Mismatch: In the age of digital transformation, data is generated and captured every moment. Companies are becoming increasingly aware of the enormous amounts of data they have and can capture, as well as the largely untapped opportunity to leverage this data in order to compete.
Take FedEx for example. Imagine real time-data captured with every single hand off from package drop-off, let’s say in Sudbury, Massachusetts, USA to delivery, in downtown New Delhi, India. FedEx could leverage that data to:
- Improve customer experience with real-time updates on package location and condition
- Simplify the driver, delivery, pilot, experience
- Drive efficiency in its worldwide operations
- Reinvent new business models—the FedEx of flower/food/pharma/anything-anyone-needs-delivered-delivery?
Amazing, right? This is the essence of digital transformation.
The global market for digital transformation, will more than quadruple over the next 7 years from 400 Billion to 1.7 Trillion. That’s a T, for “Trillion”!
However, a mismatch lies between the way technology companies sell and what customers require to pull off digital transformation.
Why? On the whole, tech companies haven’t changed their go-to-market approach, with sellers selling one product or service to the customer leader in charge of that area, even though the seller organization has a multitude of solutions and the customer has a multitude of needs.
Furthermore, Sales is often compensated solely for selling a product or service line. Therefore, Sales is oriented at finding the supply chain problem and supply chain leader, for example. In parallel, another sales team from the same company may be seeking time with the HR team to talk about a Human Capital solution in the same customer organization. In this scenario, as long as the leaders in the Customer Supply Chain and the CHRO are happy, the two sales teams make their numbers, get comped, and everyone moves on.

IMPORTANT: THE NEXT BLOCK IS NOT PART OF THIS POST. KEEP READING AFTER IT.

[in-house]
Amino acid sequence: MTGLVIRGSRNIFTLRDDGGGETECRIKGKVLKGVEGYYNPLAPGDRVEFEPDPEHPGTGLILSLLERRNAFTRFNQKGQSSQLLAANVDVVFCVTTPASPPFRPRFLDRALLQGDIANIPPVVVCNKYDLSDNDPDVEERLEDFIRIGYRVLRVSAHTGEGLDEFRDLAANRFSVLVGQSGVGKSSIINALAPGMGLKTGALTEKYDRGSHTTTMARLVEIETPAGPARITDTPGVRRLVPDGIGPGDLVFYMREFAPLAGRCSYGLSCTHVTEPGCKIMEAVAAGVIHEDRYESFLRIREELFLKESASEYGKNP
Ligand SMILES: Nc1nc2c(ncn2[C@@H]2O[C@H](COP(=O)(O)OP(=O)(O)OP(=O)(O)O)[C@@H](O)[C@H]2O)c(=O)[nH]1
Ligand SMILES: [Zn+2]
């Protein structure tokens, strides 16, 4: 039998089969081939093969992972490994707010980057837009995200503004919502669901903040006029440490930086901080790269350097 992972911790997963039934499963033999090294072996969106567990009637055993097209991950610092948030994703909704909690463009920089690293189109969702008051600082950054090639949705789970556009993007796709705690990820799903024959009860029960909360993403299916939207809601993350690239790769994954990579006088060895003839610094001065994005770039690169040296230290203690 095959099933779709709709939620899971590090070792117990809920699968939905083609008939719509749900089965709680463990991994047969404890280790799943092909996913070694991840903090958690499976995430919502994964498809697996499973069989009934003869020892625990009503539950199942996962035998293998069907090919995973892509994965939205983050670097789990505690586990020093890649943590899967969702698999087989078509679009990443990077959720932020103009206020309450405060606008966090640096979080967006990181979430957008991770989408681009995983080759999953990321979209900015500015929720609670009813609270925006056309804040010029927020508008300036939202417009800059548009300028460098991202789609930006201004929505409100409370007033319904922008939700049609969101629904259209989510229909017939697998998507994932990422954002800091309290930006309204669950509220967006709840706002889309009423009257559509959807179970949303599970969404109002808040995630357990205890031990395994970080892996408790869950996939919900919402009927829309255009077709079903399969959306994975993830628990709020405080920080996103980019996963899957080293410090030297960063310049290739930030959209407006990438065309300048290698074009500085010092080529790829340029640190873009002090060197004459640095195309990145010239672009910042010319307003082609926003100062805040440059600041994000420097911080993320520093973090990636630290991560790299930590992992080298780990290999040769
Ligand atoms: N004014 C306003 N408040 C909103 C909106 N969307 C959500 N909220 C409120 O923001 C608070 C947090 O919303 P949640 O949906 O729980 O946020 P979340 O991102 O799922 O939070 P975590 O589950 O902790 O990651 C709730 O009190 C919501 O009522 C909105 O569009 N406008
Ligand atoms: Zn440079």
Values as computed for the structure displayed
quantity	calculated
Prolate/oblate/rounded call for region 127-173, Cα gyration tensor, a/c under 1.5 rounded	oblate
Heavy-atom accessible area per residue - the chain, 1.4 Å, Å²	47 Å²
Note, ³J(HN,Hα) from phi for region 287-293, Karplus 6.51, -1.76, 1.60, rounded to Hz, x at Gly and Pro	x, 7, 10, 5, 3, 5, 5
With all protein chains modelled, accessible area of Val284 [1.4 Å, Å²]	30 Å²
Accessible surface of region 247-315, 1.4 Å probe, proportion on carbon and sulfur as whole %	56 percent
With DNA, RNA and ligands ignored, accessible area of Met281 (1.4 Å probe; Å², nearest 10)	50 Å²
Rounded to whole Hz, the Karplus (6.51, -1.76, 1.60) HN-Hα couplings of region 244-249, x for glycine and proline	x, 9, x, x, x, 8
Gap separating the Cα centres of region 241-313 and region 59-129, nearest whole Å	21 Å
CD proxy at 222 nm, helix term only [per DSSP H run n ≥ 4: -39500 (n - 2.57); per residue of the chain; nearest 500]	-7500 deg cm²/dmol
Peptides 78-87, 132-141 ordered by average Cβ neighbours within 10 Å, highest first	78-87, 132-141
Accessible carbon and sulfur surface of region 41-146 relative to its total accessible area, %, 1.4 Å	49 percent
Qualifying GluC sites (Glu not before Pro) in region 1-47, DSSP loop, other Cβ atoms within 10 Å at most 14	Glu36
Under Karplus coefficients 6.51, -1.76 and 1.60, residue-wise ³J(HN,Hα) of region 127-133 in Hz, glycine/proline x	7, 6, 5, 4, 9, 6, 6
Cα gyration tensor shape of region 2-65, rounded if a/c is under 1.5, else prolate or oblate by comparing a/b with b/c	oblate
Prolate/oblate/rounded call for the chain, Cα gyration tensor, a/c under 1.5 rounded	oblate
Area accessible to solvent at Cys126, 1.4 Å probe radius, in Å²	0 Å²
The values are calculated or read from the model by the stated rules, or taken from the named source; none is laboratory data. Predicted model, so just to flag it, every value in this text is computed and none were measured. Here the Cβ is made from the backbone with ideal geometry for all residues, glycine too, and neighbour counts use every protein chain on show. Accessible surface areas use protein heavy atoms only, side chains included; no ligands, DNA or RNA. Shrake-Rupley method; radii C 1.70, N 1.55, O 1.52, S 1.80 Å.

But what happens when the customer realizes the opportunity for enterprise-wide digital transformation—transformation that includes not only HR and Supply Chain, but their CRM, their marketing functions, their operations, their finance, and eCommerce? And what happens to the Supply Chain and the HR sales teams when a competing organization engages the customer’s C-suite about digital transformation? Suddenly the supply chain and HR sellers become irrelevant because they don’t understand the customer’s systemic issues or opportunity.
There is not one solution to this issue as it is complex to solve, but we know one piece of the puzzle. Design Thinking.
Design Thinking helps teams simplify the overwhelming and unlock the inspiring. How? Design is a co-creative, collaborative problem-solving methodology which provides an ideal path forward in the age of digital transformation. The process has a ruthless focus on the customer and calls on a wide range of stakeholders from all sides to work together. This naturally converts the traditional seller-buyer dynamic from adversarial and distrustful to collaborative and co-creative.
It calls on the anthropologist in all of us to do deep discovery into the underlying issues and opportunities from multiple view points BEFORE solving anything. It also places emphasis on problem-finding, revealing to the customer and seller organizations the depth and breadth of problems and solutions.
Not only have we bet our business on this idea, major tech organizations like Microsoft, Salesforce, EOS, ServiceNow, and Kyndryl are incorporating Design Thinking methods into their Enterprise Sales motions because they understand its long-term value. Salesforce recently announced $1B in revenue from 4 multi-cloud deals. The race is on to rethink sales and to embed Design Thinking into go-to-market enterprise strategies.
What does “embed” actually look like? Instead of hiring outside Design talent, companies have begun to enable members of account teams to use Design methods and facilitate Design-inspired workshops and processes. We predict that Sales leaders/teams will soon be expected to facilitate various Design inspired processes as they orchestrate large teams through a Deal Cycle.
What will some of these activities look like?
- Conduct deep discovery on the end users, focusing on problem-finding across your customer’s business, particularly focused on how end customers and employees are connected (or not) to the macro and micro business priorities
- Convene a cross section of seller and customer players to align on a shared understanding of the problem
- Conduct an Envisioning session together to imagine the future state and inspire the customer to co-create the solution with you
- Determine the business value of digital transformation
Chances are, you’re already doing a number of these things. Now ask yourself, how many enterprise, digital transformation deals are you knocking down each year? If your answer is somewhere south of “all of my deals”, then you, like most of us, have greater potential.